Unsurprisingly, although the identitarians had contacted the group earlier to inform them of their intention of participating, we were met at the entrance by what appeared to be a handful of neo-hippies, who were clearly none too pleased that we were there. After a conversation between the identitarian leaders and these Soros-funded flower children, they made it clear that we were not going to be allowed in, although they did leave open the possibility that some sort of cooperation might be possible in the future.
The identitarians were allowed to give a brief speech through a megaphone at the entrance, outlining their principles and intentions while the peaceniks looked on nervously. To their credit, however, while they turned us away, they were nonetheless polite and cordial with us – a far cry from the sort of reception that one might expect from a similar group in the United States or Western Europe. I have noticed this sort of behavior before in Hungary, where members of Right-wing and nationalist groups are actually treated as human beings rather than as denizens of evil out to corrupt and destroy humanity. My general observation has been that even though some Hungarians might disagree with the Right, they rarely seek to remove them from social discourse or respectability altogether.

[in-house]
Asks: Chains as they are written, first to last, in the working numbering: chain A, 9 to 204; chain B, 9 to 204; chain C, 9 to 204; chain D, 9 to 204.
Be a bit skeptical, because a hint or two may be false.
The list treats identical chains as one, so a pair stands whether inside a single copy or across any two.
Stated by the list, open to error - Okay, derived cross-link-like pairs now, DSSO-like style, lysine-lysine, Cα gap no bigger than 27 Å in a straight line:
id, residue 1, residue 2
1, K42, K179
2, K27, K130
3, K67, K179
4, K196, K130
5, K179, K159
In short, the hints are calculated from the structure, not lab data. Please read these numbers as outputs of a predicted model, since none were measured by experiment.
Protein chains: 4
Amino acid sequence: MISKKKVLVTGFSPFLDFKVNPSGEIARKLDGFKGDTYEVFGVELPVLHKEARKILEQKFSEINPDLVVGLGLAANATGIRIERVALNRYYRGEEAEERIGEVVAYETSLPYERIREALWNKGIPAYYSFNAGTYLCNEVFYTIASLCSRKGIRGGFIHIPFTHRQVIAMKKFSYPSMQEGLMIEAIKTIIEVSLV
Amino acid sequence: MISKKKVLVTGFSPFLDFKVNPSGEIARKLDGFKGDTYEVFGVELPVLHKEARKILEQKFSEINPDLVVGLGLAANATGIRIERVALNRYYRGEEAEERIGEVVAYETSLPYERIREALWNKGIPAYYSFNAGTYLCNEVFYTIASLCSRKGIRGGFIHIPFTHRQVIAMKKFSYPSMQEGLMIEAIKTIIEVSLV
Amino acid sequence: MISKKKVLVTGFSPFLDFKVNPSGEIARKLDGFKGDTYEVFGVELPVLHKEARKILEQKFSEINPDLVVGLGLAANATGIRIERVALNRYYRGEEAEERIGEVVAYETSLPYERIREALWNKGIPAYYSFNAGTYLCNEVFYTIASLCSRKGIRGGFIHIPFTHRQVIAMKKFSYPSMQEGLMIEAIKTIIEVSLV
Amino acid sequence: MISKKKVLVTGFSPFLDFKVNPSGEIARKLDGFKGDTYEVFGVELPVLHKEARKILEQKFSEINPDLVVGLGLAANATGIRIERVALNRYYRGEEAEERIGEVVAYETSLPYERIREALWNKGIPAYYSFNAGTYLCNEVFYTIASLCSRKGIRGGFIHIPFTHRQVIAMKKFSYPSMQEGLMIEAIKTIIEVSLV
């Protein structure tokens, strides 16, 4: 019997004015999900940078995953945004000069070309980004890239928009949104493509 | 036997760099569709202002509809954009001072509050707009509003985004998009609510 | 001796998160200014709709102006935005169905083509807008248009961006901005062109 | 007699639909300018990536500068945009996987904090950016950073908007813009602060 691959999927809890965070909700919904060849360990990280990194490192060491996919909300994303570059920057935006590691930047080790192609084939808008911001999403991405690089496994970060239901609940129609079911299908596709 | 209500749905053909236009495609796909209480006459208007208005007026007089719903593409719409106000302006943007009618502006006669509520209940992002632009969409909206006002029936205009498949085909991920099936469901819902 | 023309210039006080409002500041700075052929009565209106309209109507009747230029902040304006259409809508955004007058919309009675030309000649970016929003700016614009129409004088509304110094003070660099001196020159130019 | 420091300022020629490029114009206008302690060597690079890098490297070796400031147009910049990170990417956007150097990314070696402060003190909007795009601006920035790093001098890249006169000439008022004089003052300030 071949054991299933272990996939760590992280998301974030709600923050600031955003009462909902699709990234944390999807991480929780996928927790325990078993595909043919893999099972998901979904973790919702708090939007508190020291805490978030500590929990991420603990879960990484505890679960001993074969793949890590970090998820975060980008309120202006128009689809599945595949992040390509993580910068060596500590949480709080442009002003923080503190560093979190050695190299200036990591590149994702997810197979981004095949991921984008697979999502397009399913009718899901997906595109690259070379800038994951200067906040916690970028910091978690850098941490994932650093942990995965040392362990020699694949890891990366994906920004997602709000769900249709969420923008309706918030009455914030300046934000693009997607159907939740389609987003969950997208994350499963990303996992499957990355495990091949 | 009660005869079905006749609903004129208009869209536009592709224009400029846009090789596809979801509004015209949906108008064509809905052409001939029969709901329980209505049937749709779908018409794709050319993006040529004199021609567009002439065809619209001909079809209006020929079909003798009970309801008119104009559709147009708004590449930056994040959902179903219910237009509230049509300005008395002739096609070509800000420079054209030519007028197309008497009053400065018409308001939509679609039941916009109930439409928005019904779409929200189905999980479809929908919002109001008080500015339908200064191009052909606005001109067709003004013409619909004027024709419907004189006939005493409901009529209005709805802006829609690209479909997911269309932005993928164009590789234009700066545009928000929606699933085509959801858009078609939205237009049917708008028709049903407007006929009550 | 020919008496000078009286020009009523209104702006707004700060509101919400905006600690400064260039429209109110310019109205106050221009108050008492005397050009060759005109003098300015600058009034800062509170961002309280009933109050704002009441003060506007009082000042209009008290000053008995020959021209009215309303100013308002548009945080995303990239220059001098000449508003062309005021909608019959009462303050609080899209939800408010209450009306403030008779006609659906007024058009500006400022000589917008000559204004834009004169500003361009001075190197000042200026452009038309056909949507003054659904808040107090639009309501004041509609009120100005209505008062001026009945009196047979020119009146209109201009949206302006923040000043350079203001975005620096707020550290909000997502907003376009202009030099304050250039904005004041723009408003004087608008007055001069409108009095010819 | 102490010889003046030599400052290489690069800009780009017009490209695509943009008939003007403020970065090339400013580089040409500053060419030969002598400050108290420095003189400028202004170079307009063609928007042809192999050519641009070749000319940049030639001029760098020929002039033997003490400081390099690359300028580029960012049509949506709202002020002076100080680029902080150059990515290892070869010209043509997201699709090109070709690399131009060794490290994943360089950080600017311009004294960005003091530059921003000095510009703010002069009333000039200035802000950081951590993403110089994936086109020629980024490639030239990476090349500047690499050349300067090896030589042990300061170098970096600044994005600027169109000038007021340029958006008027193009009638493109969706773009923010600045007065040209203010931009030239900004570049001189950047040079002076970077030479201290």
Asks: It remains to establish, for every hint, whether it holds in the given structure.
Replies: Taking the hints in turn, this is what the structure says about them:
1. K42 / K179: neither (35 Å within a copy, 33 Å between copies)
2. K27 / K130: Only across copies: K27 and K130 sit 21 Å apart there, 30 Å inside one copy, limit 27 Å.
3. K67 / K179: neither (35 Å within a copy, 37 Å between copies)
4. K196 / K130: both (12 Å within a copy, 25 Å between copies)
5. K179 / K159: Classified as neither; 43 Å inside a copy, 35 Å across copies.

The identitarians had anticipated that this was the most likely outcome, so they had come prepared with sacks full of sandwiches and beverages of their own. Undaunted, we proceeded to march through the streets of the city center, stopping wherever we saw the less fortunate in order to give them what we had to offer, focusing on the squares and the metro stations, which is where the homeless tend to congregate.
It is a distressing sight, and one that is unfortunately all too common in Hungary, to see the large numbers of homeless who camp out in Budapest’s doorways, stations, and alleys all year round. While Budapest remains a beautiful city, I was shocked to learn shortly after arriving here that the average salary for a Hungarian is about one hundred and twenty thousand forints per month – that’s only four hundred American dollars. So it doesn’t take much misfortune for many ordinary Hungarians to be sent over the edge into abject poverty here.
Europe may no longer be politically divided, but a sharp contrast remains between the long-suffering peoples of the former Eastern bloc and the countries of northwestern Europe in particular, with their expensive social welfare systems and infrastructures. It’s therefore no wonder that the Eastern countries remain hostile to the idea of mass immigration from the Third World – it’s not merely culturally distasteful to them, but actually poses an existential threat to their economic well-being. (As should not come as a surprise to any nationalist, Hungary’s unemployment rate hit 4.9 percent in mid-2016, which is the lowest rate since the end of Communism  in 1989, and came shortly after Hungary chose to dramatically stand up against Brussels’ insistence that they begin taking in refugees.)